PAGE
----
But in nice language that they would actually read.

        Oh, and the person to contact is David Emerson Contact Page []

        And remember kids, you can mail a letter FREE (no postage required) to the government if you want.
        • by Beardo the Bearded (321478) on Tuesday March 06, 2007 @03:31PM (#18253570)
          Not quite. Really close, but not quite. Dave's the Minister for International Trade. You'll want your local MP or the Heritage Ministry. Your local MP may not care that much about you. I'd write to them, sure, but CC them the letter that you're sending to the Heritage Critics.

          In Canada, we actually have a group whose job it is to criticize the actions of the ruling party. We call them "Her Majesty's Loyal Opposition". It is their job and duty to ensure that the ruling party doesn't get too far out of hand.

          The Heritage Minister (for Copyright stuff, including CCRA fees) is The Honourable Beverley J. Oda. You know how we've got a minority government and a multi-party system? Well, poor ol' Bev has no less than THREE people watching and critiquing her every move.

          Charlie Angus, NDP Heritage Critic
          Ms Christina Keeper, Liberal Heritage Critic
          M. Maka Kotto, Bloc Heritage Critic

          You may want to let those critics know that:
          1. You're concerned about the recent lobbying around Bev,
          2. You feel that the critics should be ever watchful about how American interests are attempting to take over Canada's sovereign rights and heritage.
          3. Having American companies dictate when Canadians can use their equipment or listen to Canadian music is unconscionable.

          M. Kotto will likely set Bev on fire. Just make sure you write in French.
    • Re: (Score:3, Informative)

      Well, thanks to bill C-24 [], those lobbyists are hopefully just wasting their time.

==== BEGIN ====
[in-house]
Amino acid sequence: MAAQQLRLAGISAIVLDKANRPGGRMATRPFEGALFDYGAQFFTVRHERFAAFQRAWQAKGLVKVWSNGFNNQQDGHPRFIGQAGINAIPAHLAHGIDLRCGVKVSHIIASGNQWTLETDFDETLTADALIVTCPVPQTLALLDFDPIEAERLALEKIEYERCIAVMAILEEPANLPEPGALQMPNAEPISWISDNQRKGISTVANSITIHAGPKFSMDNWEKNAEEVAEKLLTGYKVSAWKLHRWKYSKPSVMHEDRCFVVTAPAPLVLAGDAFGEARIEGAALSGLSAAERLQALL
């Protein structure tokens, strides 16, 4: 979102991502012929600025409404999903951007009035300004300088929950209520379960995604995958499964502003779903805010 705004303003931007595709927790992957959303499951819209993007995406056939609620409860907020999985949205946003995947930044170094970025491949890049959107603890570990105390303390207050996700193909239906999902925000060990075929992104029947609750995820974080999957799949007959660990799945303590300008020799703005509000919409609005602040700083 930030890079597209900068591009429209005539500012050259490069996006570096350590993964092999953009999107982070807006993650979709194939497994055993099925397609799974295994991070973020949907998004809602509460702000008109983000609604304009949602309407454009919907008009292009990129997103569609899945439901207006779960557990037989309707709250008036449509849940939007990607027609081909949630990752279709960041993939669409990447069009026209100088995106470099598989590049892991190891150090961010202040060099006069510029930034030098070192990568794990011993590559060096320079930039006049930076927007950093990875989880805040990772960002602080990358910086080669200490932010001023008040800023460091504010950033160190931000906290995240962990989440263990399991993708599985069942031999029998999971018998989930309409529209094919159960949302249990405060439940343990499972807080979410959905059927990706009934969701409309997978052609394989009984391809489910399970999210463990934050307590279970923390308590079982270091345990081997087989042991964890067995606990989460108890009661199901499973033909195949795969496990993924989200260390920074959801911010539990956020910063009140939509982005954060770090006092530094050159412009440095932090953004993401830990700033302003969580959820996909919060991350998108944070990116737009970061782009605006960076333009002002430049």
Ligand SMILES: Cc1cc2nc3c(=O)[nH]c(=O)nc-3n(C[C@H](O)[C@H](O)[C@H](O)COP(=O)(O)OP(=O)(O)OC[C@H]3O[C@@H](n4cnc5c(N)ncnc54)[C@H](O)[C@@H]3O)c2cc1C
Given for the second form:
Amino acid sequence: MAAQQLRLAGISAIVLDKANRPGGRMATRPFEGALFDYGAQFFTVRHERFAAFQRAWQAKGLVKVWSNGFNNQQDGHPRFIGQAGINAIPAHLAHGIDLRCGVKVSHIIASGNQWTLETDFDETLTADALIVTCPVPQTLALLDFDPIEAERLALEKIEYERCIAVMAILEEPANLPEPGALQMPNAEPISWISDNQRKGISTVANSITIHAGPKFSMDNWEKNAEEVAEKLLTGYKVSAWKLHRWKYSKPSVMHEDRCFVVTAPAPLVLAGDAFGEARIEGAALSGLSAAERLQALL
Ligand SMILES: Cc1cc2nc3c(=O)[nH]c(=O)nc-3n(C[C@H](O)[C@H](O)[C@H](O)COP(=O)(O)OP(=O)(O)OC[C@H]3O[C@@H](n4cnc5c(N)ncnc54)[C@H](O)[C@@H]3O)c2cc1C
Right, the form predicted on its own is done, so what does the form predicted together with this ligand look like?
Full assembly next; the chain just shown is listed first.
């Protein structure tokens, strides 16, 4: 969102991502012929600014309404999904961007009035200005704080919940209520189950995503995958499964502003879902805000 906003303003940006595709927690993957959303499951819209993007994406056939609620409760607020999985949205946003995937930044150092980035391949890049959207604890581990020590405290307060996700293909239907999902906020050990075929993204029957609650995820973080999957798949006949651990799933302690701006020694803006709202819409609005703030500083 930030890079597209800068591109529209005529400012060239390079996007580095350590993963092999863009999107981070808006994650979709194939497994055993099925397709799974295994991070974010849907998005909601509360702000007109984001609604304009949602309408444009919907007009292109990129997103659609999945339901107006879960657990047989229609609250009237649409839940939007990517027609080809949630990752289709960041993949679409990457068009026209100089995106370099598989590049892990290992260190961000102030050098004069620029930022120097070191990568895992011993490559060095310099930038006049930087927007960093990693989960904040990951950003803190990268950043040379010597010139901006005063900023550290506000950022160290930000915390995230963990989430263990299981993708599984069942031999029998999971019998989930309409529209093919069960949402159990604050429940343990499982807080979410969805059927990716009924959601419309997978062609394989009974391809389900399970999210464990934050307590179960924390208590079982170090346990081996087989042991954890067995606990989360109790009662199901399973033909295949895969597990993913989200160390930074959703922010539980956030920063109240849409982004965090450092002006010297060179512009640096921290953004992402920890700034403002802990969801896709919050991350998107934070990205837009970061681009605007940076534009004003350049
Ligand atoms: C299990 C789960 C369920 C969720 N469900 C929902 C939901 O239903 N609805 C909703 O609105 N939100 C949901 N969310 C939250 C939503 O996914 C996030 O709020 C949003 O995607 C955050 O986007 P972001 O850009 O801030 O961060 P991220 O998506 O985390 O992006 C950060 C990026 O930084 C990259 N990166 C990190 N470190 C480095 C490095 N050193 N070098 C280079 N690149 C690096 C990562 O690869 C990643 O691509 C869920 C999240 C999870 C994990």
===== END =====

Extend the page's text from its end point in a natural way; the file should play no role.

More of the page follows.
• Re: (Score:3, Insightful)

      by Anonymous Coward
      some popular American political myths:

      Canada is a haven for terrorists. [FALSE]
      Canadian softwood lumber is unfairly subsidized. [FALSE]
      Iraq has weapons of mass destruction. [FALSE]
      Americans enjoy the greatest freedoms in the world today. [FALSE]

      It seems that few U.S. politicians actually think these days - they'd much rather go for kneejerk reactions. Too often, their mentality is one of paranoia and xenophobia (only _PARTIALLY_ understandable in
  • by Kimos (859729) <[moc.liamg] [ta] [todhsals.somik]> on Tuesday March 06, 2007 @01:24PM (#18251528) Homepage
    I think I can speak for most Canadians when I say:
    Please, leave us alone. We can run our own country just fine without you.
    • by Pojut (1027544) on Tuesday March 06, 2007 @01:28PM (#18251608) Homepage
      I think I speak for many Americans when I say:
      Please help us, we can't run our country!
    • by GeckoX (259575) on Tuesday March 06, 2007 @01:28PM (#18251616)
      You said it much nicer than I would have.

      It should read:

      "Fuck off and run your own god damned country, you fucking hosers, ehh."
      • by Kimos (859729)

        It should read: